June 21, 2013

The Story of Late Effects

MHYH is dedicated to telling the story of late effects of cancer therapy as told through the lives of individual survivors who are willing to place their lived experience into the hands of others for the benefit of survivors everywhere.

The Wall Street Journal along with several news outlets reported on a study of 1700 survivors of childhood cancer in a study out of St. Jude Children’s Hospital with Melissa Hudson, MD referenced as one of the principal investigators. The second sentence of the WSJ piece reads as follows:

“Researcher found in a large study if adult survivors of childhood cancer, that more that 95% suffered from a chronic health condition by the age of 45, including pulmonary, hearing, cardiac, and other problems related either to their cancer or the cancer treatment.”

“The authors reported that among survivor who had undergone treatments associated risks, who had undergone treatments associated with pulmonary [respiratory risks], 65% were then found to have pulmonary problems.”

“Of those exposed to cardiotoxic therapies, 56.4% turned out to have cardiac [heart] abnormalities.”

Phrases such as “extraordinarily high” [and] “greater than anticipated gave me the impression that the researchers, themselves, were shocked to some degree by the prevalence of late effects among survivors.

As a 35 year survivor of Ewing’s Sarcoma whose heart failed more than 5 years ago at the hands of chest radiation and an anthracycline-based regimen,  I must confess to you that I was not surprised.

I am, however, astounded, and yes, outraged, that these individual survivors had NOT been diagnosed by those charged with their primary care. These survivors were diagnosed BECAUSE they were REGISTERED PARTICIPANTS which necessarily means that there are others who are affected, yet don’t even know they are at risk. Not every survivor has the opportunity to be a REGISTERED PARTICIPANT.

The reality is there is a lacking among survivors regarding the specifics of their past diagnosis and treatment walking hand in hand with an unacceptable lacking within medical education as we know it today. Couple those realities with the paucity of clinical research in the area late effects, and I think we are hard-pressed to even begin to approach the prevention of these late effects.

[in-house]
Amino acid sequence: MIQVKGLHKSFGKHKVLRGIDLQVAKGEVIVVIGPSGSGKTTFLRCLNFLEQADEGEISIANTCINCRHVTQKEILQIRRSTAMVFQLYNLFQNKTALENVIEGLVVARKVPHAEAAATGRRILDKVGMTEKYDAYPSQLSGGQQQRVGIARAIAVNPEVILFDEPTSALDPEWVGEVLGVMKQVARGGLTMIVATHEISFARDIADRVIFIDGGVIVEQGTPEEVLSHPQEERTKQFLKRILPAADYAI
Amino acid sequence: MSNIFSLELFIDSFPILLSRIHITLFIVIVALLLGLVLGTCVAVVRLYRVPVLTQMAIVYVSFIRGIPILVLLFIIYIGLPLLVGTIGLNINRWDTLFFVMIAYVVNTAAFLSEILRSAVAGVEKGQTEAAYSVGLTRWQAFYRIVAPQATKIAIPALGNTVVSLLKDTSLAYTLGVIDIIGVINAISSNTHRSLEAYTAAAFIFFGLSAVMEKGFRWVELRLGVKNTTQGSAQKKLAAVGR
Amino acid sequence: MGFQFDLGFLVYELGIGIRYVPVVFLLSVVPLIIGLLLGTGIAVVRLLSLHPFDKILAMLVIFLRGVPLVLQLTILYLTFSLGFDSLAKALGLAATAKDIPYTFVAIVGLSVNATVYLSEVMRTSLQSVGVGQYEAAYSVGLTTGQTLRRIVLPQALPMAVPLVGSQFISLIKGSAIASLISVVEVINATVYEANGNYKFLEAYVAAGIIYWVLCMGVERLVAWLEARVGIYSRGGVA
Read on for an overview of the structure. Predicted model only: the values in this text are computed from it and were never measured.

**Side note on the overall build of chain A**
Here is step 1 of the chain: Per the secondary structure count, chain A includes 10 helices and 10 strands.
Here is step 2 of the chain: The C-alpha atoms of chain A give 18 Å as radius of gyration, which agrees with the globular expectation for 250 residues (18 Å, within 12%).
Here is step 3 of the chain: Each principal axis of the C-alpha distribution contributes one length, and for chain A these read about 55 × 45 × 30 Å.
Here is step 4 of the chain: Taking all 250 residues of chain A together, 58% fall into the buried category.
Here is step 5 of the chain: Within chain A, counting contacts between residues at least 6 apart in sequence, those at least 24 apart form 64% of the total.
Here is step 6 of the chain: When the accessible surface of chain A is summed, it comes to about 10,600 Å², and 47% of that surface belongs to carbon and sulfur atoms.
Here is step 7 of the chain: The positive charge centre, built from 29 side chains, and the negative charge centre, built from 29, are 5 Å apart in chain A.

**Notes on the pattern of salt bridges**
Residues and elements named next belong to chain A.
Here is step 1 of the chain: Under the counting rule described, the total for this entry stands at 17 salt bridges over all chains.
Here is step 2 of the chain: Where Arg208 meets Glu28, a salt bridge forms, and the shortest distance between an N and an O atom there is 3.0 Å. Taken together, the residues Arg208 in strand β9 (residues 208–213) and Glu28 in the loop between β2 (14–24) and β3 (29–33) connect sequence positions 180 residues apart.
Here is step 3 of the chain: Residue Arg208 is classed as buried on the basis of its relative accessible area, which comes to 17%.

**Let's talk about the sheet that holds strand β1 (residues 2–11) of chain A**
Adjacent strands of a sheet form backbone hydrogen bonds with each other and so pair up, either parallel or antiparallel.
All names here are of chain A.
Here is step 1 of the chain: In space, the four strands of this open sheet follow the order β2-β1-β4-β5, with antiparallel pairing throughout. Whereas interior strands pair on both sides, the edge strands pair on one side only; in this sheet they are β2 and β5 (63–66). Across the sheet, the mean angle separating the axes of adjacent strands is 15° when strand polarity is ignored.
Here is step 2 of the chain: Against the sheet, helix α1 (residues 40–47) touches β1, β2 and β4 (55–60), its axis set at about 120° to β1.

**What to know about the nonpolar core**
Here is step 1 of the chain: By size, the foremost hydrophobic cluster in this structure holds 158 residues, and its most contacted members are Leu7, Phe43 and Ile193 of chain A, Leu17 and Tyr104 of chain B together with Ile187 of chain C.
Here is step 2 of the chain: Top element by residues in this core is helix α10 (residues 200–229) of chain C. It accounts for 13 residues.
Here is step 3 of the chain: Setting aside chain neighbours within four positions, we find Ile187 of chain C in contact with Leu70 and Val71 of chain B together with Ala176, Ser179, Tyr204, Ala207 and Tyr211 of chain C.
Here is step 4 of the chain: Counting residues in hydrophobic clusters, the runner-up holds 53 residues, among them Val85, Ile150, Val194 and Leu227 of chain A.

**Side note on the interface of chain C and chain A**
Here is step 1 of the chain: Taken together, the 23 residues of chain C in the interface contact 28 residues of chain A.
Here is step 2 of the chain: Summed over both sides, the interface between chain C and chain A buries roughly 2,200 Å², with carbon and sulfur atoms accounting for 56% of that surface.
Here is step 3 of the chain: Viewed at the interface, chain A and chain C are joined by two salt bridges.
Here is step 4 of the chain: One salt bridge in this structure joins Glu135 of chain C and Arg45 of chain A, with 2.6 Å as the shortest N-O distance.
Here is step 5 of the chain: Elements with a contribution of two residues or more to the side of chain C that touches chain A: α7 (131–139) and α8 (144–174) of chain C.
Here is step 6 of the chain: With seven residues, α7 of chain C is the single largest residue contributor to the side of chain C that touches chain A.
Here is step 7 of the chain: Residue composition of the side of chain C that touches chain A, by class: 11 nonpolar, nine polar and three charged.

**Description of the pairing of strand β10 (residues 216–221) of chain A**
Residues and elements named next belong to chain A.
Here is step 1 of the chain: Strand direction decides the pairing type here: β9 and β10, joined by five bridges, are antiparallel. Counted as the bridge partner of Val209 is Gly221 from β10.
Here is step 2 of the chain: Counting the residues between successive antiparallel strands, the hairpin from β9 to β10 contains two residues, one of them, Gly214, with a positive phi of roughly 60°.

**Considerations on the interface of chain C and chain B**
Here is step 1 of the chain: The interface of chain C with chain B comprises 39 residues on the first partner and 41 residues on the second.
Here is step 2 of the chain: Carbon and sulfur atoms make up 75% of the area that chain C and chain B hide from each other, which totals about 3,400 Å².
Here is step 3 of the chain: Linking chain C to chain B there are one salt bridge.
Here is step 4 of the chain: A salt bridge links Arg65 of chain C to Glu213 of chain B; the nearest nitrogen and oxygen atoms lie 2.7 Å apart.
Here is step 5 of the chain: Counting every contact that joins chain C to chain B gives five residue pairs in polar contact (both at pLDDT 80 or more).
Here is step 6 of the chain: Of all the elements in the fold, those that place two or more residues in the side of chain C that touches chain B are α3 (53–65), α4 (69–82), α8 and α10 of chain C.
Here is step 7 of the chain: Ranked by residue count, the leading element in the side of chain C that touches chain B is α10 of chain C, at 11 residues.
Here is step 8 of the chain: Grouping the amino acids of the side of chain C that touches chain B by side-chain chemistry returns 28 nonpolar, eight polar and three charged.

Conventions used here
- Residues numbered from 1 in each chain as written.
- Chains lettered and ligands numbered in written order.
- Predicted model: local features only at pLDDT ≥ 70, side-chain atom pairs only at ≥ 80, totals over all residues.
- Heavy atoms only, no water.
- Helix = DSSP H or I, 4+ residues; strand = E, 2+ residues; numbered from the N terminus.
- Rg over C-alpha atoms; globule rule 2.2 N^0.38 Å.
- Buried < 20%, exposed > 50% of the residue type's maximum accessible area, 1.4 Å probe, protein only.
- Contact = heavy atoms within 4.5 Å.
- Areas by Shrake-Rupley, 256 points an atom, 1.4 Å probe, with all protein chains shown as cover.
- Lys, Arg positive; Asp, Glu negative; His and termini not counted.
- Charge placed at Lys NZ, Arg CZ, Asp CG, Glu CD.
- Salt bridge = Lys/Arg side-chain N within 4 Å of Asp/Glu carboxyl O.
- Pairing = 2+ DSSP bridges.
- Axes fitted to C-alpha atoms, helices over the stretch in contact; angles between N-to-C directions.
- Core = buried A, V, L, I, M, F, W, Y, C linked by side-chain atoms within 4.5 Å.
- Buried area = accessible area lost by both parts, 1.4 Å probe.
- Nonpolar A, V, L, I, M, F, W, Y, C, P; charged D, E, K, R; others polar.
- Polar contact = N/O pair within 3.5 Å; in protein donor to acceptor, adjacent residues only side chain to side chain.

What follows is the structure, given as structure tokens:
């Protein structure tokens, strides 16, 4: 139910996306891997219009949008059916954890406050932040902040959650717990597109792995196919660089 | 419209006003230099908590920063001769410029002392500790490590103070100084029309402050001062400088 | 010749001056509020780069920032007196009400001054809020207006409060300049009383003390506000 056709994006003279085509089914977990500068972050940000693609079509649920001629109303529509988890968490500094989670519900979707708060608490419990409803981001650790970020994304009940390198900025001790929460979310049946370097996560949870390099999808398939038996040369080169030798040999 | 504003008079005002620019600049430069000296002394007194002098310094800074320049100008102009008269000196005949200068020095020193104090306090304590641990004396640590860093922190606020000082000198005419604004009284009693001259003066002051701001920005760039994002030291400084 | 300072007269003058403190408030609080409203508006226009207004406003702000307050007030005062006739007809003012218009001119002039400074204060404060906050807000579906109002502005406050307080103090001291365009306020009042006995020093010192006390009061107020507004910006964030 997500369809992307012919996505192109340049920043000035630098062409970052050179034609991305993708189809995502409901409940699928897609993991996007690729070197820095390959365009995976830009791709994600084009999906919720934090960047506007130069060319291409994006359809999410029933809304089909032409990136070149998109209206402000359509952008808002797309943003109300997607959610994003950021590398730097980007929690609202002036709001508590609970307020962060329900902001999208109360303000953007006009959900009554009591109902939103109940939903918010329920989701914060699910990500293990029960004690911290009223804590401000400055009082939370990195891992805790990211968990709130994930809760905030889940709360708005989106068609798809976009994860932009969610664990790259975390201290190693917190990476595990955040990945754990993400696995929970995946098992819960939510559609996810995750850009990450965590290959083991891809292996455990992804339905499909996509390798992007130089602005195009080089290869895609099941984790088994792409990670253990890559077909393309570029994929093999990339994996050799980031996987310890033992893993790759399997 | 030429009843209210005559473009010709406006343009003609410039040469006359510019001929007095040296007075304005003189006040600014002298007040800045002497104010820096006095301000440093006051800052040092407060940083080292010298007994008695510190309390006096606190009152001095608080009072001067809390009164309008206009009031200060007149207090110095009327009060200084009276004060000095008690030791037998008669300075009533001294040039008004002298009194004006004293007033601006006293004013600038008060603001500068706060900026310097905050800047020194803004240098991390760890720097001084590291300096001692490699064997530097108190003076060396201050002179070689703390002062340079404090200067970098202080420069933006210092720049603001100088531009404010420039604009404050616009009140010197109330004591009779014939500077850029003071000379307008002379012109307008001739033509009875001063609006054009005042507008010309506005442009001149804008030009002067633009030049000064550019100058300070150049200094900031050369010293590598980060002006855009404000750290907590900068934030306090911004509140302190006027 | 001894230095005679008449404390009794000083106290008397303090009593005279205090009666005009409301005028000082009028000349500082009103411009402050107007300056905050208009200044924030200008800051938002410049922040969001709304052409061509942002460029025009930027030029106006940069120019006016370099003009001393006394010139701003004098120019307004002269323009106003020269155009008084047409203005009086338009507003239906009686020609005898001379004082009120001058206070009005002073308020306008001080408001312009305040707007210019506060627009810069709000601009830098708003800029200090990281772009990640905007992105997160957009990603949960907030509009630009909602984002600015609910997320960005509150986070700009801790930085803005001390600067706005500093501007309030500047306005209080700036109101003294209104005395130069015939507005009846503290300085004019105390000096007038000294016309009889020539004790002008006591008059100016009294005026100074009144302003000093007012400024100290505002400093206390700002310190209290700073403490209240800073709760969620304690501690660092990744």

Finally, my heart broke as I read through the comments section only to find a survivor’s value being measured by their return of investment [ROI] which seemed to be defined as the number of future tax dollars lost to chronic illness.

Are you KIDDING me?! Have we reached the point in our culture where we measure the value of an individual life in lost tax revenue? Are we REALLY going to STOP treating cancer, childhood or otherwise, because the ROI doesn’t justify the up front cost to cure?!

I will speak for myself: May the value placed on my health [and] wellbeing never be measured by the number of tax dollar generated. No, let the value of my life be measured by moments spent with family [and] friends, children with cancer [and] their families, and the impact of my lived experience on those in my past, present, and future. At the end of every day, those MOMENTS are PRICELESS!

We invite you to become a part of this story-unfolding in whatever capacity fits with your life in the here [and] now.

There’s no dollar sign on a piece of mind, so I invite you to share your piece by leaving a comment section.

P.S. I am now a 37 year survivor of Ewing’s Sarcoma.

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